He turned to listen to his
caporal
, who strategically placed himself between the two of us before replying. I caught enough to understand Chavez was explaining who I was and how I was looking for a riding job. What I couldn’t figure out was whether he was giving me the benefit of the doubt, or ending things before I even got half a chance.

Meanwhile, I was content just to exchange smiles with the
señorita
. I had time to reconsider the
caporal’s
joke about pretty men, but, right then and there, I was glad to have inherited my pa’s looks. I only hoped the
señorita
was, too.

“My men know every part of Méjico from here to Chiapas,
joven
, but few have traveled much in what is now your country.”

My concentration reluctantly shifted back as
Don
Enrique addressed me directly.

“Of late we have little reason to trust your countrymen, but Francisco and Miguel both speak well of you. We plan to leave here within the week, so, if you still wish to hire on, you may join the
vaqueros
in the bunkhouse.” He gestured to a long building off to the far right.

“Thank you, sir, I will,” I replied. “But since I wasn’t sure of the if or the when of the job, I’ll just stay the night. First thing in the morning I’ll head back to town. Left some things that’ll need tending
to first,” I explained. “Then, if it’s all right with you, I’ll join the drive when you cross over, just north past town.”


Muy bien
, as you wish,
joven
.”

Don
Enrique seemed satisfied, but I could tell Chavez was far from pleased. That was understandable. A ranch foreman likes to know more about the men he rides with than what I’d offered Chavez, but I hoped he’d cool off once we hit the trail and began working together. In the meantime, I tried my best to connect with Rosa without appearing overly attentive. Riding away without getting better acquainted with her would be hard for me, but there was little I could do other than hope to leave her with a good first impression.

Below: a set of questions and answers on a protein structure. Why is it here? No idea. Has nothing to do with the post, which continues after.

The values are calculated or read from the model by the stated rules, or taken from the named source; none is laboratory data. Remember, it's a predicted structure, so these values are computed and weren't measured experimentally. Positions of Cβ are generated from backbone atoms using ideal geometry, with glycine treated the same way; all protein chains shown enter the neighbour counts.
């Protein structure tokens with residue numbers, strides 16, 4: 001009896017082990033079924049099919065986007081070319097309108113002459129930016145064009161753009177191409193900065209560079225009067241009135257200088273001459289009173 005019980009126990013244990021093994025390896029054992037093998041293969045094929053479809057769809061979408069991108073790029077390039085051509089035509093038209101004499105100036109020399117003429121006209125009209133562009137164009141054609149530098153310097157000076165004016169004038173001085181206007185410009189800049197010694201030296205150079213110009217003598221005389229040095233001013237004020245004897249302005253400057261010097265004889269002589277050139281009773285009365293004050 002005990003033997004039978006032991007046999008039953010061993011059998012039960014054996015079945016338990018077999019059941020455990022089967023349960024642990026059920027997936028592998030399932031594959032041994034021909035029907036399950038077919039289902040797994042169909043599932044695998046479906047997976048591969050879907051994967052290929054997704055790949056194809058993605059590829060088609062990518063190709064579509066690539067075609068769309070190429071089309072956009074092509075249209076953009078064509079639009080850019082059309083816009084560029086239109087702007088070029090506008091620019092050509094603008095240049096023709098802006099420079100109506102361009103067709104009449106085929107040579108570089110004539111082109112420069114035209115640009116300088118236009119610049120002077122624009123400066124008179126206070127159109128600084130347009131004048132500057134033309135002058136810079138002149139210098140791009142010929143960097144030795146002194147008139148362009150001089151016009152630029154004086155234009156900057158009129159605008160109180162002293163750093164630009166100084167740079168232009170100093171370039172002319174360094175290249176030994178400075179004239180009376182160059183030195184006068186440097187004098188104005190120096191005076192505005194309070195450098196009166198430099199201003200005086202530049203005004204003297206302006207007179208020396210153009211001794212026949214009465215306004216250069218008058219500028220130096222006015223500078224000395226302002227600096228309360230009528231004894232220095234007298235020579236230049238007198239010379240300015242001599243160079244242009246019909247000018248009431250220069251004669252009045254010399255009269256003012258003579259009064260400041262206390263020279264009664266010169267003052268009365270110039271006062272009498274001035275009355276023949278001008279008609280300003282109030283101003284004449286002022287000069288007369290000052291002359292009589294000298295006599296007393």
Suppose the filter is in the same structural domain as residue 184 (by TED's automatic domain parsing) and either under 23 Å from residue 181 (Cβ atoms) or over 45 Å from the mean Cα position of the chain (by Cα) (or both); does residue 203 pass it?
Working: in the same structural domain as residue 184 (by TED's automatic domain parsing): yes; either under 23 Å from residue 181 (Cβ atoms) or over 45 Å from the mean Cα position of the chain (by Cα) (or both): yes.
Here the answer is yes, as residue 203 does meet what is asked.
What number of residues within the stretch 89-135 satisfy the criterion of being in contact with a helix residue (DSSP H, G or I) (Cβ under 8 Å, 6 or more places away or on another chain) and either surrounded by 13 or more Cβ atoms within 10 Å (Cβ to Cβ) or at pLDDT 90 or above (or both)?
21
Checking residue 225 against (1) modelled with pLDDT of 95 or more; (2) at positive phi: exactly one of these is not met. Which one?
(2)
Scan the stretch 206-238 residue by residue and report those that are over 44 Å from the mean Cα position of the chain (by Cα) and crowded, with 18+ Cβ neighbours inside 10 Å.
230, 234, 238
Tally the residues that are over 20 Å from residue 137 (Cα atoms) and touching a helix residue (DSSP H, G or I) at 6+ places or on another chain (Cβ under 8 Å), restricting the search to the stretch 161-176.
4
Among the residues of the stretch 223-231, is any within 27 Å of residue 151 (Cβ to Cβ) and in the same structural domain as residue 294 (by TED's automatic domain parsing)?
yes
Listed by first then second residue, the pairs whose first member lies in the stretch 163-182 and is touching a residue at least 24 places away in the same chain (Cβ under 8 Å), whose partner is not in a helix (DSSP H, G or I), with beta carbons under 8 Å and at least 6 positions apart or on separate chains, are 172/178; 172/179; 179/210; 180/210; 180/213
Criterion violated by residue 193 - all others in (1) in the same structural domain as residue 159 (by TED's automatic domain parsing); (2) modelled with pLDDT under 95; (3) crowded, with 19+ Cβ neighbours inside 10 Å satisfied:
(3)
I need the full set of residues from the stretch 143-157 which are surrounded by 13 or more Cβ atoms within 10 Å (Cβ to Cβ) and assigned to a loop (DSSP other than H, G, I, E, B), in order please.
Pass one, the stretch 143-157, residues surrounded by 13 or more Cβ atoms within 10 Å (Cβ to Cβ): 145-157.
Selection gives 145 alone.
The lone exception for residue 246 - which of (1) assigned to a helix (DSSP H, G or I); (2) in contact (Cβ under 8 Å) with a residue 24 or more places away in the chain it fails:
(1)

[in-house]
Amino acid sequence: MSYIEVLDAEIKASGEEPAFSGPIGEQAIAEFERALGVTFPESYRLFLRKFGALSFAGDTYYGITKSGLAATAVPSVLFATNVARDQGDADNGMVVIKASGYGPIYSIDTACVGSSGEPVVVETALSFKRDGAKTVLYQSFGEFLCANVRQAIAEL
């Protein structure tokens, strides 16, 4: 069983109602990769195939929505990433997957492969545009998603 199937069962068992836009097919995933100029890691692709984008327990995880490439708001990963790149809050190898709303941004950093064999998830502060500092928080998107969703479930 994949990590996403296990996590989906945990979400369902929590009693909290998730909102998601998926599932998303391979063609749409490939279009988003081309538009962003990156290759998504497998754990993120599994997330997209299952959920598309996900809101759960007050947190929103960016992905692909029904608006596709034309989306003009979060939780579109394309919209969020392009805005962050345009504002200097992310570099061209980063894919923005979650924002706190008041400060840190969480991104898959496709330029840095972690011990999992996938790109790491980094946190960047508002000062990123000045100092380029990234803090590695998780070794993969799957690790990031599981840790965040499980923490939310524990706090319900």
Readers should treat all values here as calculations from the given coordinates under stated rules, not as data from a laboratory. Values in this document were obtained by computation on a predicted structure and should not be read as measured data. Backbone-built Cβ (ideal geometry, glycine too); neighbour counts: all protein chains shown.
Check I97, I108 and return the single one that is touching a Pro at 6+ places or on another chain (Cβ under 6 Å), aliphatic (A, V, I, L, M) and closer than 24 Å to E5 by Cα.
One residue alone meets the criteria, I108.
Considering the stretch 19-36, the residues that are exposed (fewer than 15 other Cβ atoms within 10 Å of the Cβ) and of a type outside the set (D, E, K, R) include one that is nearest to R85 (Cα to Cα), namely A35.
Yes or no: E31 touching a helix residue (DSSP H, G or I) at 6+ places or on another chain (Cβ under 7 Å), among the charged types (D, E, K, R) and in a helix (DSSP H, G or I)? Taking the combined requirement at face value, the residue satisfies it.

After I put my horse up, one of the ranch hands, a short stocky lad named Rogelio, showed me to the bunkhouse. Buildings on the
hacienda
were constructed a little differently from those on northern ranches. Up north they tend toward sod roofs and dirt-floored houses, with walls made from logs chinked with clay. The cracks are usually patched with leftover newspaper and the shacks heated with iron stoves.

Down here things were much different. Both the bunk and chuck houses were long, one level, tile-roofed affairs. Their adobe walls were cemented with mud about four to five feet thick, which tends to keep things cooler in summer. There weren’t any indoor stoves here, either, since it was usually much too hot. Instead, the cooking was done in clay ovens, or
hornos
, kept just outside the buildings.

The
hacienda
supported a lot of women
sirvientas
, who were kept busy washing, sewing, and
tending to their young. Out in front of the bunkhouse sat an old
ranchero
who had to be ninety if he was a day. During the whole time I spent on the
hacienda
he just sat there on a cut-out keg, quietly watching the others and smoking the remnants of a cigarette whose ashes kept falling into his lap. From the size of that pile of ashes I’d say he smoked quite a few during the day.

I didn’t really expect any fancy lodgings, but the evening spent in the bunkhouse was surprisingly comfortable. Living in another territory can be unsettling enough, but on top of that I was starting work with strangers who all spoke a foreign tongue. If it weren’t for the
vaqueros’
sense of humor and Miguel’s help with the translating, I would have been completely lost.

Rogelio directed me to a slat cot in the far corner, and then shoved a wooden tack box next to it to store my kit. He then pointed out various aspects of the
hacienda
and introduced me to a few of the other hands. Miguel and Francisco still had to unload the supplies we’d brought, but, since I felt out of place just standing around, I decided to lend them a hand.

Unloading four pack mules and storing supplies wasn’t all that hard, but it did cause me to work up quite an appetite. When combined with a full afternoon’s work, the smell from those
hornos
helped remind me it was near dinnertime and, judging from the growling sounds emanating from Miguel’s stomach, it was plain I wasn’t the only hungry one.

As soon as the last box of nails and spools of wire were stored, we hurried back, anxious to get first crack at the chow. Even taking my hunger
into account, the chuck house meal was still real tasty, with lots of refried fríjoles, big soft tortillas, and cheese mixed in.

BOOK: Trail Hand